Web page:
Book Review: Women of Kuwait
By Jenna Butler
The bedroom is the most intimate room in any house--a room most Kuwaiti women would never be photographed in. Maha Alasaker’s book Women of Kuwait, takes us on a journey a photographer has never been on before--into the bedrooms of Kuwaiti women: 25 women, 25 bedrooms, 25 stories. Within each room, we discover a new woman with a new story to tell. Each photograph is accompanied by a story written by Nada Faris, an intimate anecdote that is personal, empowering, and honest.
In one photograph, Djinane Alsuwayeh is sitting on her bed. Light wanders in through a window gently kissing the left side of her body, leaving the other half a mystery. She is clutching a pillow. Pain is hidden among the crevices and shadows of her face. This photograph tells the story of a woman who has struggled finding words to express her grief. It shows how, through a life of inequality and repression, this woman was never taught to deal with sorrow, and has spent her entire life seeking an inner peace.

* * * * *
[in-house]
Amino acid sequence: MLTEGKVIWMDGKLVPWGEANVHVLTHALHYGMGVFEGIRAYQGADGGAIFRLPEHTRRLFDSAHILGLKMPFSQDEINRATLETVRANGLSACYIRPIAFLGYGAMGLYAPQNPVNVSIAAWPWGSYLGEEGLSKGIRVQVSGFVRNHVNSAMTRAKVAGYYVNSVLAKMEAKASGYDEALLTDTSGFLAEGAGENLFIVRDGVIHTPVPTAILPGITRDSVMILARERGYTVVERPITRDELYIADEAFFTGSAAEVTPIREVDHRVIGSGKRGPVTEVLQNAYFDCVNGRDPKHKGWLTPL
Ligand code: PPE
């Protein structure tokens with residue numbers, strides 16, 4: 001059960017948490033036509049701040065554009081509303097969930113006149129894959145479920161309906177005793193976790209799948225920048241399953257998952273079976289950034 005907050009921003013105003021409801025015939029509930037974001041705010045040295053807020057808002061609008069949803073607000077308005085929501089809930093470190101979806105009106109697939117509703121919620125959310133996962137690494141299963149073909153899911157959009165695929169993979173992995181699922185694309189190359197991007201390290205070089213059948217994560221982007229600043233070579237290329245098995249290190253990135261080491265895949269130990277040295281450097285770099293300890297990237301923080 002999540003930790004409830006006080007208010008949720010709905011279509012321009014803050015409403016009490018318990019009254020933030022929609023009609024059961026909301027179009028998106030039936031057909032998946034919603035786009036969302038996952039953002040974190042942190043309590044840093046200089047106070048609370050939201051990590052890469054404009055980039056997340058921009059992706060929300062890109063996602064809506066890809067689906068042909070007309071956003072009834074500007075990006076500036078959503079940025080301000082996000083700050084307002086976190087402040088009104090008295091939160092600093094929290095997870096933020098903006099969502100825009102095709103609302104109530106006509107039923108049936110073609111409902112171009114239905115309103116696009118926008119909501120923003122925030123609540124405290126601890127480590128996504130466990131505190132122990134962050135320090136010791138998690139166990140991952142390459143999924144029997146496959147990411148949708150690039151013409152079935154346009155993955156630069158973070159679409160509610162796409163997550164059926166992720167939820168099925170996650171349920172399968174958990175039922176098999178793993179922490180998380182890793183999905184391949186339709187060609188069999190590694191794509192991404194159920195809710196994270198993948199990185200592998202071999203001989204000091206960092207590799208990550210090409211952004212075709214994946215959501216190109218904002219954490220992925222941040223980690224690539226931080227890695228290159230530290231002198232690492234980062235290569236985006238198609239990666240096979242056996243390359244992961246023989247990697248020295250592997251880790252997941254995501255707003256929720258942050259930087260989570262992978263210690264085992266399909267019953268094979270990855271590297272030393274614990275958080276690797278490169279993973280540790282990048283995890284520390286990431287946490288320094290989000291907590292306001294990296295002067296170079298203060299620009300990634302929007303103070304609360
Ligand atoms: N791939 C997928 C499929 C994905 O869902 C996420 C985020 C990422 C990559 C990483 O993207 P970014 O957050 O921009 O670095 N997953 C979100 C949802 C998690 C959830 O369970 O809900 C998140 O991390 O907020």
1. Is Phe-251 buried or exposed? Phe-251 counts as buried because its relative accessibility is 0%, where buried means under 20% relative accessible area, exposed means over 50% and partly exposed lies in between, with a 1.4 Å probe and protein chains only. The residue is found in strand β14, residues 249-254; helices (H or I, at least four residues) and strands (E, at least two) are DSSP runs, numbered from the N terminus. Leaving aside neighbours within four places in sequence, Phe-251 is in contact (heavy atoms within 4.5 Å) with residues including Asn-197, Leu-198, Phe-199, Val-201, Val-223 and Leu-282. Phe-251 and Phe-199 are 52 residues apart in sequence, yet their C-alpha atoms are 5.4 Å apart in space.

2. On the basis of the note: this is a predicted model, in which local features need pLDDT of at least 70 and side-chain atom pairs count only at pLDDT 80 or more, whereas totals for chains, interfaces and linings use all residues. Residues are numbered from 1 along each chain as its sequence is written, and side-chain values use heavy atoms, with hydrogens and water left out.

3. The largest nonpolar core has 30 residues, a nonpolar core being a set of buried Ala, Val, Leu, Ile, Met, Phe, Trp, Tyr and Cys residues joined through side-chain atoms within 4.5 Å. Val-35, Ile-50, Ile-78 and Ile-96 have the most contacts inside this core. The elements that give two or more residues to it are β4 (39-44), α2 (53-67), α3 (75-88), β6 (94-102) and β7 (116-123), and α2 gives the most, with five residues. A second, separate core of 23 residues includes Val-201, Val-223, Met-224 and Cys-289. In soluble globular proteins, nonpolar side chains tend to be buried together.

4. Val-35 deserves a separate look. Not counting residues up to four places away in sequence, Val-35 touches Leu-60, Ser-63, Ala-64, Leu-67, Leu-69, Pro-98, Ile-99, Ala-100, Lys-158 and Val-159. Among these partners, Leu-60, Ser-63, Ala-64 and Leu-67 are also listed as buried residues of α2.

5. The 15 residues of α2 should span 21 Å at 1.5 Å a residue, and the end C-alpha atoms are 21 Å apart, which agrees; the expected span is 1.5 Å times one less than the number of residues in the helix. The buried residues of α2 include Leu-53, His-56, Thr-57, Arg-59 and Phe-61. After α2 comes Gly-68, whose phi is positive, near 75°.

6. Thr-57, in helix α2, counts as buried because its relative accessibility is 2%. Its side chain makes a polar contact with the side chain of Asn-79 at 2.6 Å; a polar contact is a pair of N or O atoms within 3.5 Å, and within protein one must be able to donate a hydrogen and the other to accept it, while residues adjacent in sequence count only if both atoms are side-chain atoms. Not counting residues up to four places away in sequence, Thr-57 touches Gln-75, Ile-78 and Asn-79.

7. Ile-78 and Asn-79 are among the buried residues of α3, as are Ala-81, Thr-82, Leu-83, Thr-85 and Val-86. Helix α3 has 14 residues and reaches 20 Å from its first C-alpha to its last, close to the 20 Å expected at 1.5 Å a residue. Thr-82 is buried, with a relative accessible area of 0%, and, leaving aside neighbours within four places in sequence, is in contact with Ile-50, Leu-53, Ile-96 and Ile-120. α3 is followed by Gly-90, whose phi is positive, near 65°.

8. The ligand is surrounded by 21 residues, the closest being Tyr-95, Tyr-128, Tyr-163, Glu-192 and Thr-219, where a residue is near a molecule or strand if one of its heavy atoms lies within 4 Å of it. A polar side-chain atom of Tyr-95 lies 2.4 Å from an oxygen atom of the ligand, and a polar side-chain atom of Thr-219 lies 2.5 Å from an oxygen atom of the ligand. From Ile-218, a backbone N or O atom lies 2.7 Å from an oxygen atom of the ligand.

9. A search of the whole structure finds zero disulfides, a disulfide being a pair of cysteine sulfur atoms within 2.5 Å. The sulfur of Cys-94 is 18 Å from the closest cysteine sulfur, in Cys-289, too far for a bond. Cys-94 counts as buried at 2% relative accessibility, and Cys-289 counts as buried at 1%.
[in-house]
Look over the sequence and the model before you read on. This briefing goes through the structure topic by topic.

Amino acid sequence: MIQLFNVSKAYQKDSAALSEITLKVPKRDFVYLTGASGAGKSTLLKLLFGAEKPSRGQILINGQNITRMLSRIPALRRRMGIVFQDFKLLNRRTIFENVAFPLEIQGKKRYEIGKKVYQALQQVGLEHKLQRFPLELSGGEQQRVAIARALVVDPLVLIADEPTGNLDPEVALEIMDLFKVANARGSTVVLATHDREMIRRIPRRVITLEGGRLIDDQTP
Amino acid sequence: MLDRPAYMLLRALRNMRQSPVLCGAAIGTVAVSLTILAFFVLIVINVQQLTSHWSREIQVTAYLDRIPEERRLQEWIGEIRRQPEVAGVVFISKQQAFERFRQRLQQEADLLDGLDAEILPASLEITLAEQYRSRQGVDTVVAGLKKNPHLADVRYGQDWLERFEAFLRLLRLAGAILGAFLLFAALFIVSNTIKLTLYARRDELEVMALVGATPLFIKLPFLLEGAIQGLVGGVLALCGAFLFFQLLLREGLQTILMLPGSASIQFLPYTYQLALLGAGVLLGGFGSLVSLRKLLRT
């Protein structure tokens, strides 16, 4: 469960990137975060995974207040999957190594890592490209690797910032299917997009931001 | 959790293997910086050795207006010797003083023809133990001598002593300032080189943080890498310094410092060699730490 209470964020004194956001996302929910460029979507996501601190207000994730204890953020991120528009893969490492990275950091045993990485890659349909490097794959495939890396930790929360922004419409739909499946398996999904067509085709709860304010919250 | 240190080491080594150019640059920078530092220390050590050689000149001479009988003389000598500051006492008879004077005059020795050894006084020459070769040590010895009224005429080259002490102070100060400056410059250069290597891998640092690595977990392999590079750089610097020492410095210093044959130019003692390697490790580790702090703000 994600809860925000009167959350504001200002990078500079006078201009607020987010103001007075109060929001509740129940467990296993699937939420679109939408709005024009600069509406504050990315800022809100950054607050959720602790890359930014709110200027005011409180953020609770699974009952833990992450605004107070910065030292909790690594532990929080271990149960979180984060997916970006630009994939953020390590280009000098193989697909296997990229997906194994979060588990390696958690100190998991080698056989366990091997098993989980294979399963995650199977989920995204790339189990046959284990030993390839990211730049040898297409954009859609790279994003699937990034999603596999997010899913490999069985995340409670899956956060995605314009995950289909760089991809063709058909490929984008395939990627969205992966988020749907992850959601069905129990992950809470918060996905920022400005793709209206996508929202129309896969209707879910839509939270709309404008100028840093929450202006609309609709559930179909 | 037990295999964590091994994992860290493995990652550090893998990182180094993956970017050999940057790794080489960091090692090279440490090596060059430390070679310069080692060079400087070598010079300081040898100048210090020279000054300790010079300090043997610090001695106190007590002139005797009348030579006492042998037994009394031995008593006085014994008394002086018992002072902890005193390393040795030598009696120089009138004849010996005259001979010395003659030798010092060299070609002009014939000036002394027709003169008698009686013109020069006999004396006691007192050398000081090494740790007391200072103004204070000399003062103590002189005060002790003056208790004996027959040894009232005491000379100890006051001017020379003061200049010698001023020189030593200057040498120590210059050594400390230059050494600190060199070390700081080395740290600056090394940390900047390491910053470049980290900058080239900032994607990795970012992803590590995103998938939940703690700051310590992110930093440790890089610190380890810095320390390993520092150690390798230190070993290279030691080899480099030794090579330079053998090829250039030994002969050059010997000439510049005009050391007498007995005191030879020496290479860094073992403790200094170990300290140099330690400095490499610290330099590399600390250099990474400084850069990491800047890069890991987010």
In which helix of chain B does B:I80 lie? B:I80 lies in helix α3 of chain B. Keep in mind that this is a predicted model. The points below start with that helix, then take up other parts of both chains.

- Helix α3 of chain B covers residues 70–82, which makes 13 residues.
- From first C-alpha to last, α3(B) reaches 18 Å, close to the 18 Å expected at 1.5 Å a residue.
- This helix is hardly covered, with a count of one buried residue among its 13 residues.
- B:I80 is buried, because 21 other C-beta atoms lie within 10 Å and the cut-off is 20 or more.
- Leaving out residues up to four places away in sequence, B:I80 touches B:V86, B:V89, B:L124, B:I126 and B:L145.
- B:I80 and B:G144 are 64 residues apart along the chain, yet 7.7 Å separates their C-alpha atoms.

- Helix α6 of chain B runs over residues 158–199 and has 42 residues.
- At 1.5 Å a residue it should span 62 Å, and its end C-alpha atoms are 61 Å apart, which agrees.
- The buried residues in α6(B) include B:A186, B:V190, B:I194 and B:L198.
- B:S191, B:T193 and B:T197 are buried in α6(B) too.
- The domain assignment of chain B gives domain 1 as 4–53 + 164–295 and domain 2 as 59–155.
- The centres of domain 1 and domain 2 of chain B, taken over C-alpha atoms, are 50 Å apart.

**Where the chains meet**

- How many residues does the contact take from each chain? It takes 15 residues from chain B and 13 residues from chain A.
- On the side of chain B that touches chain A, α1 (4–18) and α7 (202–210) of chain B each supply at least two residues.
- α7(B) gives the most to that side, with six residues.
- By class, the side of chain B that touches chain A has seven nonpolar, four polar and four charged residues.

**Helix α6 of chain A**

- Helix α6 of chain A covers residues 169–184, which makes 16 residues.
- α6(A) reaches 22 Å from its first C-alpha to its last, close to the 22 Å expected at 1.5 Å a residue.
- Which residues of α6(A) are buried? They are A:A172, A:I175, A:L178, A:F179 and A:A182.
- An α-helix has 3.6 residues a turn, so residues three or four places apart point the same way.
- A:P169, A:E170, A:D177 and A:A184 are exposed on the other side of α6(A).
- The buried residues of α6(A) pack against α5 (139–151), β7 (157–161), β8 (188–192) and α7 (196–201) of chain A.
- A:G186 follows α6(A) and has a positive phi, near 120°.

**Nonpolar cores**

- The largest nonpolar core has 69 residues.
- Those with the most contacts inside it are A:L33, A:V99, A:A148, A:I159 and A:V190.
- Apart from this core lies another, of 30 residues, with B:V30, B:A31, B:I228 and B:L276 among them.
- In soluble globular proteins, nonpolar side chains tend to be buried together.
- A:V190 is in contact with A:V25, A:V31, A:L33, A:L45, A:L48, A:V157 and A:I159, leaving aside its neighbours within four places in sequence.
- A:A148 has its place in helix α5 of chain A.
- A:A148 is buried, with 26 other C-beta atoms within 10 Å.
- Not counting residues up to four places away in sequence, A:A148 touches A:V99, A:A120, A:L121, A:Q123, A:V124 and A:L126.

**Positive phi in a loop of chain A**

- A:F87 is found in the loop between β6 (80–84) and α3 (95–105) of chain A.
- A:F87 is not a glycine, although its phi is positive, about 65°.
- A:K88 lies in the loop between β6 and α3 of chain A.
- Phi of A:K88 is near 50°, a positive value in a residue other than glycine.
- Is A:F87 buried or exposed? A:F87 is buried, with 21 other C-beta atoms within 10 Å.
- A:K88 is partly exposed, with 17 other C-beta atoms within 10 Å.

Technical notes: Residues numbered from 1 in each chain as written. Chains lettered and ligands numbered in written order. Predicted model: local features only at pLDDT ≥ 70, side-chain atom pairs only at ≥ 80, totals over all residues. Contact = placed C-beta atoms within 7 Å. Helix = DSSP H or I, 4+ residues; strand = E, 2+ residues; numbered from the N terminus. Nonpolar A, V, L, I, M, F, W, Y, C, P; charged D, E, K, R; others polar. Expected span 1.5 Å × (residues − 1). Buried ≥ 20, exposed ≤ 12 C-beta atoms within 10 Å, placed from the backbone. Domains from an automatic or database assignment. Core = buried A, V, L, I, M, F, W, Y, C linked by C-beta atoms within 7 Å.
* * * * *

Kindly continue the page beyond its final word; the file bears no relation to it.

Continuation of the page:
In Alasaker’s book, we see women wearing an array of different ensembles. Some chose to dress more traditionally, wearing a hijab. Some simply wear jeans and a blazer. How they choose to show themselves to the world reveals that women are emerging as individuals, regardless of their politics or religion.
Kuwait is said to be the Middle Eastern country where gender equality is most prevalent. Although this may be true, women there are still challenged by tradition, even as they emerge as the emblematic “Modern Woman.” In the office, women are equal to men, but outside women are expected to fit into the same role they have faced for hundreds of years.
Through each photograph, we learn about a new woman and her experiences in Kuwait. They are strong, beautiful, and unfazed by the society that is still, in some ways, set up against them. One day, women in Kuwait will live their lives by choice, not expectation.
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